Pat Simmons letter (‘Its not sentimental, but practical to keep hospice’, Open Lines, Friday August 28) was absolutely spot on – and was also very moving. Wanting to keep a fantastic facility like St Peter’s Hospice open in Knowle is indeed about practicalities not sentiment. As Pat points out the location of St Peter’s enabled easy and fast access for her (it has done for many over the years). We need more of such facilities not fewer. I’m afraid we cannot currently regard health provision in Britain as fully ‘cradle to grave’ - but this is what we need.
Like Pat I’m also very puzzled by the sudden-ness and speed of the decision. It was announced in the media and now we are, very sadly, already close to the point of complete closure. Little or no broad-based consultation was, as far as I am aware, sought or undertaken by those taking the decision at St Peter’s – yet they are funded by public donations and do receive large sums for some of their work from the NHS.
Despite a very well supported petition (http://www.ipetitions.com/petition/save-our-hospice/ ) and public meeting on the matter there is no sign of them changing their minds or even delaying to re-examine their options and talk properly with the wider community and with elected representatives about funding, keeping the Knowle facility open or establishing an alternative locally.
It strange to me that no fundraising campaign was launched. I cannot understand how a building relatively recently refurbished - in the late 1990’s I think – now needs so much spent on it. Was the refurbishment badly done? Has planned maintenance not be properly carried out?
I very strongly support getting away from ever-larger, more centralised institutions. I thought St Peter’s supported this thinking. However, it does not look this way now and South Bristol, lacking in health facilities already, may lose a valuable asset. If it can be established and widely agreed that the Knowle site is too big an annual drain on resources why not invest the considerable income that would result from the sale of the site in a new local facility?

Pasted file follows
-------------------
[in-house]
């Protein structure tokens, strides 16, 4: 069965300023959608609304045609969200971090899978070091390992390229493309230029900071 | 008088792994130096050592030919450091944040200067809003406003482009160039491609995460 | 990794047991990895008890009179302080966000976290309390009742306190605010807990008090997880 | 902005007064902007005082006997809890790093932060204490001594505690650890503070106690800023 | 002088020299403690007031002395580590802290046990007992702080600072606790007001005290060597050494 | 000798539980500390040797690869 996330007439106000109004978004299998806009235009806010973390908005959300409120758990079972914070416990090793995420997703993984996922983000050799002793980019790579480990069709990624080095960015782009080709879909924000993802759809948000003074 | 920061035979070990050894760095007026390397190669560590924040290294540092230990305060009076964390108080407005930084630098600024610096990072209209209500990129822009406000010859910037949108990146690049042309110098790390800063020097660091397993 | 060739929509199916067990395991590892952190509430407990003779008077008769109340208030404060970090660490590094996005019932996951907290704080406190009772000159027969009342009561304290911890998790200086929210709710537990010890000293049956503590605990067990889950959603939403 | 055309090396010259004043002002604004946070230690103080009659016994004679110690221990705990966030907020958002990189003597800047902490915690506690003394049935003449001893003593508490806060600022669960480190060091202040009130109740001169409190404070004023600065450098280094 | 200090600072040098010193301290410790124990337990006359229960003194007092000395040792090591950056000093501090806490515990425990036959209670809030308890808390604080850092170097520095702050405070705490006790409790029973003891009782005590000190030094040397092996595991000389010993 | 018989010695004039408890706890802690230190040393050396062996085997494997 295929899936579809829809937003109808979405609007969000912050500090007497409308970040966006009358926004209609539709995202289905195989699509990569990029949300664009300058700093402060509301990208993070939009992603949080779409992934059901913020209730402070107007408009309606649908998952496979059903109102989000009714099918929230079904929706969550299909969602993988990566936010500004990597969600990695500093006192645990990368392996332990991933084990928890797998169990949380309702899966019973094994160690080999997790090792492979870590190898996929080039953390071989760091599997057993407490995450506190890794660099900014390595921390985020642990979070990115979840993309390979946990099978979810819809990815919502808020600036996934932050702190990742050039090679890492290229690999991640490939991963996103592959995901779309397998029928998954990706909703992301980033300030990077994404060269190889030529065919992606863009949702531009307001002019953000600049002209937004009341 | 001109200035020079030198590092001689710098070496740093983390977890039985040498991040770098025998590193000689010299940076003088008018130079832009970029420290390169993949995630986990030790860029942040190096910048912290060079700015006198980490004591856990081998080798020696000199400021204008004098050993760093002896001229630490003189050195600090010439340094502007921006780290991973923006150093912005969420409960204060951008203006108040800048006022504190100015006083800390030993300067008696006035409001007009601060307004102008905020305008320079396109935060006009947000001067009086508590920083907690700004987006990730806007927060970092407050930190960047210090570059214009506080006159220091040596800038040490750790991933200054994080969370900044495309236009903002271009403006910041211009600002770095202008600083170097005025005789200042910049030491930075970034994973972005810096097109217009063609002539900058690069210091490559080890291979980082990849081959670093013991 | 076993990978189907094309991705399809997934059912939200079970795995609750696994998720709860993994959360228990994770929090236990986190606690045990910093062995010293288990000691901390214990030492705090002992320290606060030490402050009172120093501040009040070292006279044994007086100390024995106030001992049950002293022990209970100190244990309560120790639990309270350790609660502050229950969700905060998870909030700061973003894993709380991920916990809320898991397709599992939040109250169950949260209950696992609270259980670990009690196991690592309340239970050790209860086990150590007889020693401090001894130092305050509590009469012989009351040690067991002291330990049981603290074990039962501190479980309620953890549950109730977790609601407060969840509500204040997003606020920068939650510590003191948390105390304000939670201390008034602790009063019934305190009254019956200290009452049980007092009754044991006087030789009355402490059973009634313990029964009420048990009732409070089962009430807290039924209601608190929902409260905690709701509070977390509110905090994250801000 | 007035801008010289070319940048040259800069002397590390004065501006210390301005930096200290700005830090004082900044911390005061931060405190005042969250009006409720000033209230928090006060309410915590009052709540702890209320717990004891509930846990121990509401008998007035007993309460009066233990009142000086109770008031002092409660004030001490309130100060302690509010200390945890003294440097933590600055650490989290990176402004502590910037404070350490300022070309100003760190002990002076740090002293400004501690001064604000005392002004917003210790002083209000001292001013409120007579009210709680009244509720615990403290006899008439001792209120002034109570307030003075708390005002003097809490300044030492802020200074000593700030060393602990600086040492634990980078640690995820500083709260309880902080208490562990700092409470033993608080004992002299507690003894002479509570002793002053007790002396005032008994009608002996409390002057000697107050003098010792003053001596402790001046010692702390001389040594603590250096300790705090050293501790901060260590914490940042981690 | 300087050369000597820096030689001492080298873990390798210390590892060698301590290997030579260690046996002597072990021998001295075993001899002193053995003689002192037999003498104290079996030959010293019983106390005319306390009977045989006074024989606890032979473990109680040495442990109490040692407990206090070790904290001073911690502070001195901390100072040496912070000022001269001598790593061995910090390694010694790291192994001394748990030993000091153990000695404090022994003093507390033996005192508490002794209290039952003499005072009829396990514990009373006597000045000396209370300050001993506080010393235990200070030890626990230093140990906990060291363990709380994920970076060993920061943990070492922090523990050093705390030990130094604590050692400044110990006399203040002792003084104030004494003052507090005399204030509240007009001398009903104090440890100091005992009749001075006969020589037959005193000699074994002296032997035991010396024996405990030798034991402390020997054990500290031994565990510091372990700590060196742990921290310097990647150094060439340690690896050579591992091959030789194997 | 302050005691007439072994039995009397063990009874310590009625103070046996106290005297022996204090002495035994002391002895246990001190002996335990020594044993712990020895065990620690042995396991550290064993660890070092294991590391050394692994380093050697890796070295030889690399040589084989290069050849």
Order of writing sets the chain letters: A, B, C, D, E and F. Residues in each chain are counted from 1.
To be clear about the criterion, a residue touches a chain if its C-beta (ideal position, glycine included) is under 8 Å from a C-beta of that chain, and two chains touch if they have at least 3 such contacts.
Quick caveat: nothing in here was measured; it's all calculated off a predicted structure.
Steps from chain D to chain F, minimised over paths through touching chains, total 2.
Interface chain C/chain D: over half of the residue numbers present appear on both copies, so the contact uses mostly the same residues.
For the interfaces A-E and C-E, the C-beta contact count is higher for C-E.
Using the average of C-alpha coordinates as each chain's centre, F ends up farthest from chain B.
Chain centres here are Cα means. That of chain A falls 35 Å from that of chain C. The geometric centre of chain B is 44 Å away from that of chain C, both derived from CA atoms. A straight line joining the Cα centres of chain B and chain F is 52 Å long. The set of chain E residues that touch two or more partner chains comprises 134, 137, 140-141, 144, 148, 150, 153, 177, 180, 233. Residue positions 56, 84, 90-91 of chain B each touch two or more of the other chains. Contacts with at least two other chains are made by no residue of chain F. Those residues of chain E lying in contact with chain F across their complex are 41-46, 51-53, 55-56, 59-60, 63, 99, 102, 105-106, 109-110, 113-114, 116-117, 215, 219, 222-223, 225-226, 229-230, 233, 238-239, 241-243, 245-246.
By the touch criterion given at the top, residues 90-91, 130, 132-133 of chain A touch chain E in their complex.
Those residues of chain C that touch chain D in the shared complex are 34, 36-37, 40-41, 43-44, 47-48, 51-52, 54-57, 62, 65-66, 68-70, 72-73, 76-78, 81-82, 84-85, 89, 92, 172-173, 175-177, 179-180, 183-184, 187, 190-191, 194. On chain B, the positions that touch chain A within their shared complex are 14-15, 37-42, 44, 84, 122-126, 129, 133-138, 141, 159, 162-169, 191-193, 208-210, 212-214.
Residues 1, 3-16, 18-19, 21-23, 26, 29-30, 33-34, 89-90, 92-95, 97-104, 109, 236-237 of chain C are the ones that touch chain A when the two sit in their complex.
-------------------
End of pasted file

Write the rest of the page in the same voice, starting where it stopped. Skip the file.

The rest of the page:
I worry that this may well be a case of ‘you don’t know what you’ve got ‘til its gone’.
Sunday, August 30, 2009
...having grown 408,000 in the previous year at a rate of 0.7%. More than two million people have been added to the UK population in the last seven years, and our numbers have increased by more than a fifth since 1950 - in less than a lifetime, in one of the most densely populated countries in the world. At a recent growth rate of 0.6% a year, population would reach 100 million before the end of this century, passing 200 million soon after 2200. The most recent projections exceeded the previous four: on 23 October 2007 2006-based population projections released by the Office for National Statistics (ONS) showed expected population growth of nearly 17 million (more than two Londons) to 77.2 million in 2050, and on 19 November 2008 migration figures for 2007 revealed a near record net inward flow of 237,000 people, pushing up population growth to a staggering 434,554. Although a third* of the public believe population growth to be the most serious threat to the future wellbeing of Britain, no political party has a clear policy to reverse it. Act now. Call for an population policy - stabilisation and gradual decrease by 2050. See Fertility, Migration, OPT Policies, OPT Population policy projections and Briefings and Submissions for population policy alternatives.
(The above from the Optimum Population Trust).
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